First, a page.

expired at the end of 2007, although most were extended as part of the financial rescue legislation enacted in October 2008. It is too early to evaluate the impact of the 2005 tax credits.
Joint actions of states and electric utilities have played a major role in advancing energy efficiency. Many state utility regulatory commissions or legislatures require electric utilities to operate energy efficiency programs, also known as demand-side management (DSM). Most of these programs are funded through a small surcharge on electricity sales. In some states, utilities are allowed to earn more profit on their energy efficiency programs than on building new power plants or other sources of energy supplies, thereby reducing or removing the utilities’ financial disincentives to promote energy savings.
Overall, state/utility energy efficiency programs reduced electricity use in 2004 by about 74 TWh, or 2 percent of electricity sales nationwide (York and Kushler, 2006). But certain states stood out. California, Connecticut, Minnesota, Vermont, and Washington reduced electricity use in 2004 by 7–9 percent. Further, energy savings have risen since 2004 because overall DSM funding has increased. Assuming typical energy-savings rates, national savings reached approximately 90 TWh in 2006.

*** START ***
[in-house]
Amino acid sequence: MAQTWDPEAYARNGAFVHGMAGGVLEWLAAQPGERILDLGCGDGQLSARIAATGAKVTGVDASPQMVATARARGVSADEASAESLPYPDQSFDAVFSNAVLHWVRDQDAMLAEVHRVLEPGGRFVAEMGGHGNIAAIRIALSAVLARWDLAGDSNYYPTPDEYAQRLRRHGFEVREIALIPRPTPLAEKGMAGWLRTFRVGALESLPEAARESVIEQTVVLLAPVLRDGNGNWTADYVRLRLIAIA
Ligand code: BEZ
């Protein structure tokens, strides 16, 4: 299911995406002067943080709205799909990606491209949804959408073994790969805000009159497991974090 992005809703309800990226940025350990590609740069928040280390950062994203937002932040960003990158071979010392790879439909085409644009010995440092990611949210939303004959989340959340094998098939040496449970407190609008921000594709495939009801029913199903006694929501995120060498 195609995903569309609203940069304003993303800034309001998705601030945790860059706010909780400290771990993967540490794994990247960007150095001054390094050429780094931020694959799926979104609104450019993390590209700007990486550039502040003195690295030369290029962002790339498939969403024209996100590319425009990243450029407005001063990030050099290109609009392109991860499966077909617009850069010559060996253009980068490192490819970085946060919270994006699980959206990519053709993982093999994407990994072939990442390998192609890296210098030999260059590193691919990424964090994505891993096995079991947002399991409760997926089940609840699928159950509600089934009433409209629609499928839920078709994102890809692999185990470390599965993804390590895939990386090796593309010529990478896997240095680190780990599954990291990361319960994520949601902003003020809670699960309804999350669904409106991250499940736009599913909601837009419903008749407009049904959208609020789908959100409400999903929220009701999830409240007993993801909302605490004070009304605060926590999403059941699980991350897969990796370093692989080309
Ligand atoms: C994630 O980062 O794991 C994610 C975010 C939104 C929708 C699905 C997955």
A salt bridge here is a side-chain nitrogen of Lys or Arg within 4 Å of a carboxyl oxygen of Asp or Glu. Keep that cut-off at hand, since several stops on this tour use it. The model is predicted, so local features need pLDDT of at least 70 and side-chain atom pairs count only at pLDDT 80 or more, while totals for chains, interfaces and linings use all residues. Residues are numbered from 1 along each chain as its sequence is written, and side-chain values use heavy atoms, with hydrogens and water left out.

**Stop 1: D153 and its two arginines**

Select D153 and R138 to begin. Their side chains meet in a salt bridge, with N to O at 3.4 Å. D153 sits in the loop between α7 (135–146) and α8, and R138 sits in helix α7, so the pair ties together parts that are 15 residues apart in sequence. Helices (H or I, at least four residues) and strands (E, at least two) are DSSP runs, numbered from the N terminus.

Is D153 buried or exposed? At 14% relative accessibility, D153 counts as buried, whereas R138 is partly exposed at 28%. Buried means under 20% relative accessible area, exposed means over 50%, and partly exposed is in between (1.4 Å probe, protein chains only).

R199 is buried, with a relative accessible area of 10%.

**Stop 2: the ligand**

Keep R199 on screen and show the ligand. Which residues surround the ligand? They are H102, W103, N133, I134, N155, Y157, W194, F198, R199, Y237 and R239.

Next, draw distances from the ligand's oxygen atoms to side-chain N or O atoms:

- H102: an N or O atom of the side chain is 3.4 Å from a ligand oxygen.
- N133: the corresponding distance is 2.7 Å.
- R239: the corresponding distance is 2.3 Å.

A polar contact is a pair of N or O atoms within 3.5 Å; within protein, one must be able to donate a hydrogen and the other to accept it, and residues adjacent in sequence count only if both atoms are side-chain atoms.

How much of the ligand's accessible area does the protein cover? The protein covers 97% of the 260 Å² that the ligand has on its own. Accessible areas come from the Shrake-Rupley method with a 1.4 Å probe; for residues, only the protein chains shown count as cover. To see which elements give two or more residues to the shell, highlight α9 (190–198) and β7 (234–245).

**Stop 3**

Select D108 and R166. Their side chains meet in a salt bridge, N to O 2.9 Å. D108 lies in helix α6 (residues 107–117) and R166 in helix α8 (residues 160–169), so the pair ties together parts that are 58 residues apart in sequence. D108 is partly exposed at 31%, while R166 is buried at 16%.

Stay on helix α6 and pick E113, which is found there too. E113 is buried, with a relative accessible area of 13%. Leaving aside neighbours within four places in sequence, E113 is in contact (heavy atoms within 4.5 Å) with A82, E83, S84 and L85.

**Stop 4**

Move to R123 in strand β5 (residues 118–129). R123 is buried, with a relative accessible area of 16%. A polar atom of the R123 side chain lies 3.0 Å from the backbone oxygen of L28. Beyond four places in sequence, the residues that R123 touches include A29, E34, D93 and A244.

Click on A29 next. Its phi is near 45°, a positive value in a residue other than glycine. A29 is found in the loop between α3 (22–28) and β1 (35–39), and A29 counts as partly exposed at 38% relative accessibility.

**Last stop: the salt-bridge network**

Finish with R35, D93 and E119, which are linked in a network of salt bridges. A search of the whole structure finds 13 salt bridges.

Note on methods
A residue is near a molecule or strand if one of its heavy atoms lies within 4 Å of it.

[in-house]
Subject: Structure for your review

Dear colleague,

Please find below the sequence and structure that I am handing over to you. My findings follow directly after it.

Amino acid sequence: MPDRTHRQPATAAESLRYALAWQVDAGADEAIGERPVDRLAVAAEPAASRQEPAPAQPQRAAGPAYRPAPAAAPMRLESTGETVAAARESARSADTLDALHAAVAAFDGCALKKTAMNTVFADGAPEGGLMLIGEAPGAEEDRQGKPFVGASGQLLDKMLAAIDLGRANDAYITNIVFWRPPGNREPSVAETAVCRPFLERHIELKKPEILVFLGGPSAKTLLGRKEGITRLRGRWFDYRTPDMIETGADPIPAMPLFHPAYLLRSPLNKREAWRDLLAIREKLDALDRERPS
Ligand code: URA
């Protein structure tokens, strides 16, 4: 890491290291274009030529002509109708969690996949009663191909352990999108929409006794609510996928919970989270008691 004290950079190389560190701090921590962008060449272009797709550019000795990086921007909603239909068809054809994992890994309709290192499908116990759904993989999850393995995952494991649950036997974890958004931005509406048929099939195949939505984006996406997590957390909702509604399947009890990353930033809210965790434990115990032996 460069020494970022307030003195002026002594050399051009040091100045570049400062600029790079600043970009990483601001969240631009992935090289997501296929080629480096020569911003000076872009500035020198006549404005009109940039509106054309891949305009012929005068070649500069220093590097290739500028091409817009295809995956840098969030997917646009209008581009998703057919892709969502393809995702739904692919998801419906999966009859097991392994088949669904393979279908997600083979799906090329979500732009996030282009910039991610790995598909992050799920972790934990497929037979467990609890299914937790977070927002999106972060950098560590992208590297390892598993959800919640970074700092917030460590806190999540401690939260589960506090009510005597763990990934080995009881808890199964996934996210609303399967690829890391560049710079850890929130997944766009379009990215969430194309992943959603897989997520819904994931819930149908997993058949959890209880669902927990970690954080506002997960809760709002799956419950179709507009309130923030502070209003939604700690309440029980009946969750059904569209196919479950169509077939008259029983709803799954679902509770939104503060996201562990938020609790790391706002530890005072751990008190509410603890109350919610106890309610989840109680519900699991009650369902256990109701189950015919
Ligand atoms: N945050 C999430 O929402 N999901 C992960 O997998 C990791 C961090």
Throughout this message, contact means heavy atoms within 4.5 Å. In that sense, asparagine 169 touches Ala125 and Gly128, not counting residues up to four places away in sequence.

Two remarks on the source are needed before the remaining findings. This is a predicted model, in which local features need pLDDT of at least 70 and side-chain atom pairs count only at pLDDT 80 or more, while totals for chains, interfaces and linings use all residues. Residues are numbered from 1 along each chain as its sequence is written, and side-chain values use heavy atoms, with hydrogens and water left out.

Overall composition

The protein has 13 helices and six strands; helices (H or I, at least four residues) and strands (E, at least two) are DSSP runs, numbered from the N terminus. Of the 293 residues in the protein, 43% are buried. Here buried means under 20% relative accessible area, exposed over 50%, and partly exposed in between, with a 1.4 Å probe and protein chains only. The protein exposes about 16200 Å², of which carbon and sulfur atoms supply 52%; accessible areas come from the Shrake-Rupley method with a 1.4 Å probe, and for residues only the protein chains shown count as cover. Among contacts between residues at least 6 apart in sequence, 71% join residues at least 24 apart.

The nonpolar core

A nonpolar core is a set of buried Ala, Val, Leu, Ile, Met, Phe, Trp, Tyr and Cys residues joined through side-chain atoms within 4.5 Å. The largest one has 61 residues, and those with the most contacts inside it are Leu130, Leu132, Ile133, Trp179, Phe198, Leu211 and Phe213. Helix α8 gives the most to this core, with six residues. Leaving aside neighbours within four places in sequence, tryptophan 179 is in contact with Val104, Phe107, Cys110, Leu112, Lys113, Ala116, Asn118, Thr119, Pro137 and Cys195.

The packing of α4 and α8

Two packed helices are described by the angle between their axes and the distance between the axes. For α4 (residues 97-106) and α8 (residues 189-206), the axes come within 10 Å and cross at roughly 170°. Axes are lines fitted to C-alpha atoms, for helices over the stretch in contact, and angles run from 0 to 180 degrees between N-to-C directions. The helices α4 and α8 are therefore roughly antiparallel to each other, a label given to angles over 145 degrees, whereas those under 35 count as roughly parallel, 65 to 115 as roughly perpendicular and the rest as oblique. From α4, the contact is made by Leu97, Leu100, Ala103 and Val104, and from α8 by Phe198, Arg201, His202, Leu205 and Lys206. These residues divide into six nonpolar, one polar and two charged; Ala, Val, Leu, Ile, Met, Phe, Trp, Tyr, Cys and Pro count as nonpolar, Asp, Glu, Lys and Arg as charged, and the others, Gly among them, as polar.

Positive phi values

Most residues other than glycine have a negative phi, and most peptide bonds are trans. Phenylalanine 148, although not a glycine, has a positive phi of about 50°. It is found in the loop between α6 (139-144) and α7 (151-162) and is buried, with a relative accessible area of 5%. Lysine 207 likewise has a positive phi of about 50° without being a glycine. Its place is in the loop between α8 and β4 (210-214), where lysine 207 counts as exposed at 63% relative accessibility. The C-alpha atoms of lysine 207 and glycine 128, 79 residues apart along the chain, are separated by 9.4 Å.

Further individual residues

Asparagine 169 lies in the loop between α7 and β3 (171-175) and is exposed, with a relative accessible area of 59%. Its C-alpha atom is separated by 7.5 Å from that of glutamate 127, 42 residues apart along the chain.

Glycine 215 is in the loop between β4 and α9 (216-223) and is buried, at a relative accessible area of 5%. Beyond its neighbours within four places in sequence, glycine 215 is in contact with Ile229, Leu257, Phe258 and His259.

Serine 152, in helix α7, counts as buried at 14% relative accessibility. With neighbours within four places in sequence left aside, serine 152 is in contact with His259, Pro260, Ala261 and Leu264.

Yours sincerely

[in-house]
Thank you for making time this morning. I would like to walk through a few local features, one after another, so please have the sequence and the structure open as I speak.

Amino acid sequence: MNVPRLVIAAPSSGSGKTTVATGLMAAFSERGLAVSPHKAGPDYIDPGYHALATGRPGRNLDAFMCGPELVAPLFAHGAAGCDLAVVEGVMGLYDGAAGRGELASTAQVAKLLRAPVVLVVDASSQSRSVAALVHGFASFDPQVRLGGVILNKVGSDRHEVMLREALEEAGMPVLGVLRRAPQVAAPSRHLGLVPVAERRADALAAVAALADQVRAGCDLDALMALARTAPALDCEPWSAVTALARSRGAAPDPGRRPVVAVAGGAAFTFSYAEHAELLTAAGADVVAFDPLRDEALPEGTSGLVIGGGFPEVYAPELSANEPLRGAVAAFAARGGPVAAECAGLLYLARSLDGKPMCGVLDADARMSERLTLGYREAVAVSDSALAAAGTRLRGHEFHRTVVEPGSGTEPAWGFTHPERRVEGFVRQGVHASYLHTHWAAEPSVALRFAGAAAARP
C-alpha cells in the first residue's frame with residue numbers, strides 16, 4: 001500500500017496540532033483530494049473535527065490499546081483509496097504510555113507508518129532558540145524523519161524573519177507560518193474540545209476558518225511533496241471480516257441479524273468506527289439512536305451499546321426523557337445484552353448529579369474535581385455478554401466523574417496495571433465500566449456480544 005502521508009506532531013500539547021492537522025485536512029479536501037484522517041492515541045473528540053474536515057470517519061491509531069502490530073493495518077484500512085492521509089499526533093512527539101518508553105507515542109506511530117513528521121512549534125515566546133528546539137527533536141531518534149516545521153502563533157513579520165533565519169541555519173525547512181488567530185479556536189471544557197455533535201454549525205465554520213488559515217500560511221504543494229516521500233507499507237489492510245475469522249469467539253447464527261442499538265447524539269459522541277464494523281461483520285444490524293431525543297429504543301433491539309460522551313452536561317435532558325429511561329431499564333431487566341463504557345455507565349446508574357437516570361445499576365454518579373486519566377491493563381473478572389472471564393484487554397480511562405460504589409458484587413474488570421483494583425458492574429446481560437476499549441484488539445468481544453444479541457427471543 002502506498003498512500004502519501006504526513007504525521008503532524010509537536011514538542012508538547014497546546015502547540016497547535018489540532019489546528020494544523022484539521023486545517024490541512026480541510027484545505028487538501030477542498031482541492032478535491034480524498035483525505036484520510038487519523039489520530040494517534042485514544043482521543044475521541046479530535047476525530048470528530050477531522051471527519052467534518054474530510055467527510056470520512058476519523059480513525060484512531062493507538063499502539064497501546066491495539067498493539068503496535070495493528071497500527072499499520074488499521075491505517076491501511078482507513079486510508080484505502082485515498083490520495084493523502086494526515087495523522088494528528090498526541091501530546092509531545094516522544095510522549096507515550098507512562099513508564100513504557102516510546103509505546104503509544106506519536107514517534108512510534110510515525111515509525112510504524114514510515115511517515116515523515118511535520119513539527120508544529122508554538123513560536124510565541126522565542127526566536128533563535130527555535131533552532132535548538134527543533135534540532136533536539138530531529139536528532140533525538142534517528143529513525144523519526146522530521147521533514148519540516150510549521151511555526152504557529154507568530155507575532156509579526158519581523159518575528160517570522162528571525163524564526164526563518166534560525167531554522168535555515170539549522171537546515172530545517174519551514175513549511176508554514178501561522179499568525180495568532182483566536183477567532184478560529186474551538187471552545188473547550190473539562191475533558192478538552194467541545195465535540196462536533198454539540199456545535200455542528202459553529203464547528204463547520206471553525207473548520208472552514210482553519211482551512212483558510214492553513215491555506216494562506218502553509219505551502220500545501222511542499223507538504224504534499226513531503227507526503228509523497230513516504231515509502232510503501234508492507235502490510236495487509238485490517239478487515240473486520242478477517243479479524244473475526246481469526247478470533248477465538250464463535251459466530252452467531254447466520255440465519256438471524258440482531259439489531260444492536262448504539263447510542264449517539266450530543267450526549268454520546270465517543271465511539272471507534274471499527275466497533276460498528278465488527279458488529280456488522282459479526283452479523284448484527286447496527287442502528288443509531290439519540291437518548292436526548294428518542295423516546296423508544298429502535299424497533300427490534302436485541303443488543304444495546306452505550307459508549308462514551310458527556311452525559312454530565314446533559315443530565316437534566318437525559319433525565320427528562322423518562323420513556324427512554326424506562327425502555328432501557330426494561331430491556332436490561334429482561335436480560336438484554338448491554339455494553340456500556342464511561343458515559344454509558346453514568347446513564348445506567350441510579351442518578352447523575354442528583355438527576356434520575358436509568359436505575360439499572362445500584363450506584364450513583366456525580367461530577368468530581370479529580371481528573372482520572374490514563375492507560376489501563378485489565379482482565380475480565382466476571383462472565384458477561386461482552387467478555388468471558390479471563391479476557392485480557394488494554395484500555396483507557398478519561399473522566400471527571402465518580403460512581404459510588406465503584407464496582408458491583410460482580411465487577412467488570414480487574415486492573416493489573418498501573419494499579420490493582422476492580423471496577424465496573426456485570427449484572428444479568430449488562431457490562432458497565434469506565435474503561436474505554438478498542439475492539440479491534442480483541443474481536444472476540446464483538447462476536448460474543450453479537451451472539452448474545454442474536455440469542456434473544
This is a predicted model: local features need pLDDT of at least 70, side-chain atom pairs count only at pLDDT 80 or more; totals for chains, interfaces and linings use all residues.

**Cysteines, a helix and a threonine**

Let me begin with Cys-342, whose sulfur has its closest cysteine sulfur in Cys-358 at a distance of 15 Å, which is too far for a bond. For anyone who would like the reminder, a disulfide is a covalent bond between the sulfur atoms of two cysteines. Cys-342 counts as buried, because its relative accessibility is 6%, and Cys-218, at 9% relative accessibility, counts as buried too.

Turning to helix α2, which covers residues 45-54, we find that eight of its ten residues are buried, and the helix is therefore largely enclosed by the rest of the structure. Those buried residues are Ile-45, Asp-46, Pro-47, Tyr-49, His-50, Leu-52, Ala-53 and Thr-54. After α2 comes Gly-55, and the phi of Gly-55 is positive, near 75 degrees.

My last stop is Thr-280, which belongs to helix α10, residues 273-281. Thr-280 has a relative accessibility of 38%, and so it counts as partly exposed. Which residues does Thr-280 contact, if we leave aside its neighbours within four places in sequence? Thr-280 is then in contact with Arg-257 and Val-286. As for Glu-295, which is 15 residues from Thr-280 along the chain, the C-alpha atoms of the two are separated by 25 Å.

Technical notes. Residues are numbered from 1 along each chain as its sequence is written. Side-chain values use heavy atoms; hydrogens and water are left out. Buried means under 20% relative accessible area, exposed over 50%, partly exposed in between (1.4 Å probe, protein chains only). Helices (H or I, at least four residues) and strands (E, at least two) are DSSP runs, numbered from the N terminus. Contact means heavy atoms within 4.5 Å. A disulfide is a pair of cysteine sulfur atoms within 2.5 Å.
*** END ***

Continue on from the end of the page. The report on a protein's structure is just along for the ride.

Policy initiatives have also improved the efficiency of energy conversion and supply, specifically by expanding the use of combined heat and power (CHP), also known as cogeneration. Installed CHP reached 82 GW, at a total of more than 2800 sites, by 2004 (Hedman, 2005). It is estimated that the use of CHP systems resulted in total energy savings of about 2.8 quads in 2006, with perhaps 60 percent attributable to the Public Utilities Regulatory Policies Act (PURPA) of 1978 and other policy initiatives (Elliott and Spurr, 1999).
Complementing the minimum efficiency standards and financial incentives just discussed, the ENERGY STAR® product-labeling program informs U.S. consumers